Tajikistan: Pamir gun amnesty masks underlying unease
At least 100 firearms have been handed over by residents after the president railed against lawlessness in the region
Police in the Pamir region of eastern Tajikistan say that the handover of illegally owned weapons ordered as part of an ongoing security sweep is proceeding smoothly and that at least 100 firearms have been volunteered.
Asia-Plus newspaper reported on October 9, citing an unnamed source in the Interior Ministry in the Gorno-Badakhshan Autonomous Oblast, or GBAO, that only one case of violent resistance was recorded.
This development was reported days after the acting governor for the region told reporters he had appealed to leading local powerbrokers for their assistance.
In an interview granted last week to RFE/RL’s Tajik service, Radio Ozodi, acting GBAO governor Yodgor Faizov said the informal leaders had pledged to help combat drug trafficking and the dissemination of unlawfully held firearms.
The headlines disguise a more complicated situation, however.
President Emomali Rahmon’s was a few days into his tour of the Pamirs on September 15, when he dressed down top security officials in an incensed tirade in the GBAO capital, Khorog, where he decried what he described as a state of lawlessness in the region. He then gave officials a one-month deadline to address the situation and implied that more robust measures could be adopted if he was dissatisfied with the results.
Alluding to troops brought in to Khorog for a ceremonial parade to mark his visit, Rahmon indicated that even the military could be deployed.
“Those forces that are here now, let them stay. May they enforce order, and then they can leave,” Rahmon said.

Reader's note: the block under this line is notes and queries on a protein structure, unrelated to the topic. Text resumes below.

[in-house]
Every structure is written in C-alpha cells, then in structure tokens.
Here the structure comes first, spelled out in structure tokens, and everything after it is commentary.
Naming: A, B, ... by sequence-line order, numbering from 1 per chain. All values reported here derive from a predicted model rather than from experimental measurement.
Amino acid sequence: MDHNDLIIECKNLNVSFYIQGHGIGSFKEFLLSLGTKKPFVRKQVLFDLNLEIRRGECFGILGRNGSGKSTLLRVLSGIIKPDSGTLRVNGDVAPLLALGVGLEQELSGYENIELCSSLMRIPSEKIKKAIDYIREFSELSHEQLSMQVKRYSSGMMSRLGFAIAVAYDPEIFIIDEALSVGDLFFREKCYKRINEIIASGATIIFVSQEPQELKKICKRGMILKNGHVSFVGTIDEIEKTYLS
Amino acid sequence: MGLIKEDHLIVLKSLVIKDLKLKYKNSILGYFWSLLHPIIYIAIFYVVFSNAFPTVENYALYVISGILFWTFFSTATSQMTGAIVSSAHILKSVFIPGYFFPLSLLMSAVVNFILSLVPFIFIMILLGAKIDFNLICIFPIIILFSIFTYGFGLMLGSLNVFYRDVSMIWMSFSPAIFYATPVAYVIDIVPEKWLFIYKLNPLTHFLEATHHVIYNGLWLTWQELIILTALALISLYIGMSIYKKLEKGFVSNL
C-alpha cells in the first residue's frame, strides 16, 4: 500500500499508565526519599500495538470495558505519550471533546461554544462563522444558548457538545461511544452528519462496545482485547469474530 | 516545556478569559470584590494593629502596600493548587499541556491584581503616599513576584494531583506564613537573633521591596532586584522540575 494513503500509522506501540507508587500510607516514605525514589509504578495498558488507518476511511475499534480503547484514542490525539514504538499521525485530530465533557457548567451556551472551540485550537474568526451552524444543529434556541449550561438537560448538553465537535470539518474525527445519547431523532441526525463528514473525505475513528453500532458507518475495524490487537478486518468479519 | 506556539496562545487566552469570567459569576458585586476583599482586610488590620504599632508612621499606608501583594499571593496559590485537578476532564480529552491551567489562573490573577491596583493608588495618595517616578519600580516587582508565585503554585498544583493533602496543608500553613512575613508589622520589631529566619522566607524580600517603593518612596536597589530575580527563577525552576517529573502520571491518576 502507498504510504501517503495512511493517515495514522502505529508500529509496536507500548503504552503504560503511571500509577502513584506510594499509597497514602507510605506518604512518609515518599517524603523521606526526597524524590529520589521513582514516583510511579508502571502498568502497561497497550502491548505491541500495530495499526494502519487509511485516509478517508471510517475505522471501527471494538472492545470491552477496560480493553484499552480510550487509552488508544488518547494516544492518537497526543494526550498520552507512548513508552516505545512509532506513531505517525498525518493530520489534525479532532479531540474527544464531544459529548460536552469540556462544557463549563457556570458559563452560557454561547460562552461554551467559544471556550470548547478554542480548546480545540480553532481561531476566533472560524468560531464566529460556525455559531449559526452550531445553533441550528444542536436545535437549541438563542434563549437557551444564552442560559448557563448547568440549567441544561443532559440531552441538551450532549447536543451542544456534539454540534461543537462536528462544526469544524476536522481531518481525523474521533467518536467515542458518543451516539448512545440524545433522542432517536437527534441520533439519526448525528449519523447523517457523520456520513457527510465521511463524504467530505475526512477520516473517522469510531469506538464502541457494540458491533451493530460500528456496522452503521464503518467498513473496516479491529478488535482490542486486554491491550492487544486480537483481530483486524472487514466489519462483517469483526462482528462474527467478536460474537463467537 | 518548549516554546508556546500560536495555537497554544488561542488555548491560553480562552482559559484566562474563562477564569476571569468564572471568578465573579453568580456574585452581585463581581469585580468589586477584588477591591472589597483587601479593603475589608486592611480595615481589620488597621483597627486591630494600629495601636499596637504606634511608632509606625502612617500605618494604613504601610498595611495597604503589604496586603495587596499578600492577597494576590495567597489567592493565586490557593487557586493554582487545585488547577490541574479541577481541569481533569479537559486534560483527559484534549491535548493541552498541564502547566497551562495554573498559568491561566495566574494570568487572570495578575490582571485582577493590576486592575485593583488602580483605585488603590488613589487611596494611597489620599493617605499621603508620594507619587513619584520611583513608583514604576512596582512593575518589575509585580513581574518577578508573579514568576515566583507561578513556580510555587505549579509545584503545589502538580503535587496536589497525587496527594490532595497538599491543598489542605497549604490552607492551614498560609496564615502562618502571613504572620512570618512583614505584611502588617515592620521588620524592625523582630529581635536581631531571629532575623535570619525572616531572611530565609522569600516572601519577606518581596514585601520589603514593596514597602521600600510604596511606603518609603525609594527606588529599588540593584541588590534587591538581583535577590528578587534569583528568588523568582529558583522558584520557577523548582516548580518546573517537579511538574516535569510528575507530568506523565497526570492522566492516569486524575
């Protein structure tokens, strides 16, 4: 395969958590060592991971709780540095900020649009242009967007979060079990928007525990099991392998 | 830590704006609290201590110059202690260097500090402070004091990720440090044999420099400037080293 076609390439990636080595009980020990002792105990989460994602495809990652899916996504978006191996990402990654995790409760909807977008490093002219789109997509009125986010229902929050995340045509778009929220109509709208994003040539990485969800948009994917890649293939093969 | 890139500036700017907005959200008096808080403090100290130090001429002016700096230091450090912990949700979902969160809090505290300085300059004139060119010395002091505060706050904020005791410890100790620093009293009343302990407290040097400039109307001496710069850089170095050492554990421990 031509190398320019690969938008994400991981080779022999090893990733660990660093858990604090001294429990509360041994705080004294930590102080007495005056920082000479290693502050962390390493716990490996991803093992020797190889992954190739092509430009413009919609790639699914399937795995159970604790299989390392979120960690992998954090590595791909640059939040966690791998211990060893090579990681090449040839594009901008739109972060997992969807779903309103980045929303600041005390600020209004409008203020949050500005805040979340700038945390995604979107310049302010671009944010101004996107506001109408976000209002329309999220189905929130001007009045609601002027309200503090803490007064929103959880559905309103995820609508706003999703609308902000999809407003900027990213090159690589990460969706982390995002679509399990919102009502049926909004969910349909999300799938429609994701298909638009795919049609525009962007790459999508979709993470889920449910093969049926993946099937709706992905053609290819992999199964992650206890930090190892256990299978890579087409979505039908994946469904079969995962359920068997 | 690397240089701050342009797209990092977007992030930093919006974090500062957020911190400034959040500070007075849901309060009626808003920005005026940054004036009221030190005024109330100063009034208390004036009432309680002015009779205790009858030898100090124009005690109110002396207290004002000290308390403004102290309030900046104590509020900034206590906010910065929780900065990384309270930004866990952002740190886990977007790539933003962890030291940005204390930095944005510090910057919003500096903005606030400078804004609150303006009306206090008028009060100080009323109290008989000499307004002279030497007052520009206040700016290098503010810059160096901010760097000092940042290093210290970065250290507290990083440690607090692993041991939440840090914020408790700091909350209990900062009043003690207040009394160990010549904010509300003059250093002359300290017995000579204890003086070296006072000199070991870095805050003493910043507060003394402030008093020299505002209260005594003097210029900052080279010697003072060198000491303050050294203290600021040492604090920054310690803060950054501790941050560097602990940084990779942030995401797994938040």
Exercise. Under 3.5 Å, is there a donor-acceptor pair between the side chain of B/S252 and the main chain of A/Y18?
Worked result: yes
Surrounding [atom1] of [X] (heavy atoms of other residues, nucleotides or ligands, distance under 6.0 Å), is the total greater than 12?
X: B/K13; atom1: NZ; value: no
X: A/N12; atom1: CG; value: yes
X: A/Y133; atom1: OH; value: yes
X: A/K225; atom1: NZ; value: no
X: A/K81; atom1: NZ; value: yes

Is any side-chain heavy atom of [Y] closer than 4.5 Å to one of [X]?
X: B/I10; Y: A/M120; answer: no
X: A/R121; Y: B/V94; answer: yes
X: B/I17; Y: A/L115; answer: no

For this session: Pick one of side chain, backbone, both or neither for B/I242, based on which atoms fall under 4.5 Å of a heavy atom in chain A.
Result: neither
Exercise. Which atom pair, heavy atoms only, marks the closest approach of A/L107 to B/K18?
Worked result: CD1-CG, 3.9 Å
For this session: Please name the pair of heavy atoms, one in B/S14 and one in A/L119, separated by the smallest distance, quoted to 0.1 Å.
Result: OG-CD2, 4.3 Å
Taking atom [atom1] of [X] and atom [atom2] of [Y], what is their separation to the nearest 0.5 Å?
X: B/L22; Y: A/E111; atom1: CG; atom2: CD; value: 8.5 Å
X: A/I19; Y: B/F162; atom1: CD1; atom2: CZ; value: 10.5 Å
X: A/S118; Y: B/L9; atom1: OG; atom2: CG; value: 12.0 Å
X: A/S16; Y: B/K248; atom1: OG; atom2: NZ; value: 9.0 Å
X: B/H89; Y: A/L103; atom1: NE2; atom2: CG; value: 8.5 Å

Rahmon said, without naming names, that around five or six “criminals” were at the root of the region’s ills. He claimed that local residents were suffering because of the investment and tourism potential lost as a result of this sinister presence.
In the days that followed, a range of personnel changes were made in the GBAO. The head of the region managed to hold onto his post until October 1, when he was replaced by Faizov.
The claims of visibly unbridled illegality do not, however, hold up to much scrutiny. Tourists passing through the Pamirs typically speak of experiencing warm hospitality; petty crime directed at foreigners is a rarity. If the investment appeal of the Pamirs is low, this is mainly because transportation links are catastrophic — the result of seemingly willful neglect of vital infrastructure. Such is the abysmal state of the roads linking the capital, Dushanbe, to Khorog that the 600-kilometer drive can take up to 16 hours to complete.
What feels more likely is that Rahmon is still bridling from scores unsettled since 2012, when government troops clashed with armed groups resisting attempts by the authorities to take local leaders — the “criminals” alluded to in the president’s Khorog speech — into custody. Following negotiations, the men were allowed to remain at large, despite one of them standing accused of being behind the murder of an important local security services officer.
Indeed, despite Rahmon inveighing against informal Pamiri leaders, the newly appointed GBAO governor, Faizov, met with two of them, Tolib Ayombekov and Yodgor Mamadaslamov, earlier this month in what appears to have been an attempt to forge a conciliatory outcome to a anxiety-inducing situation.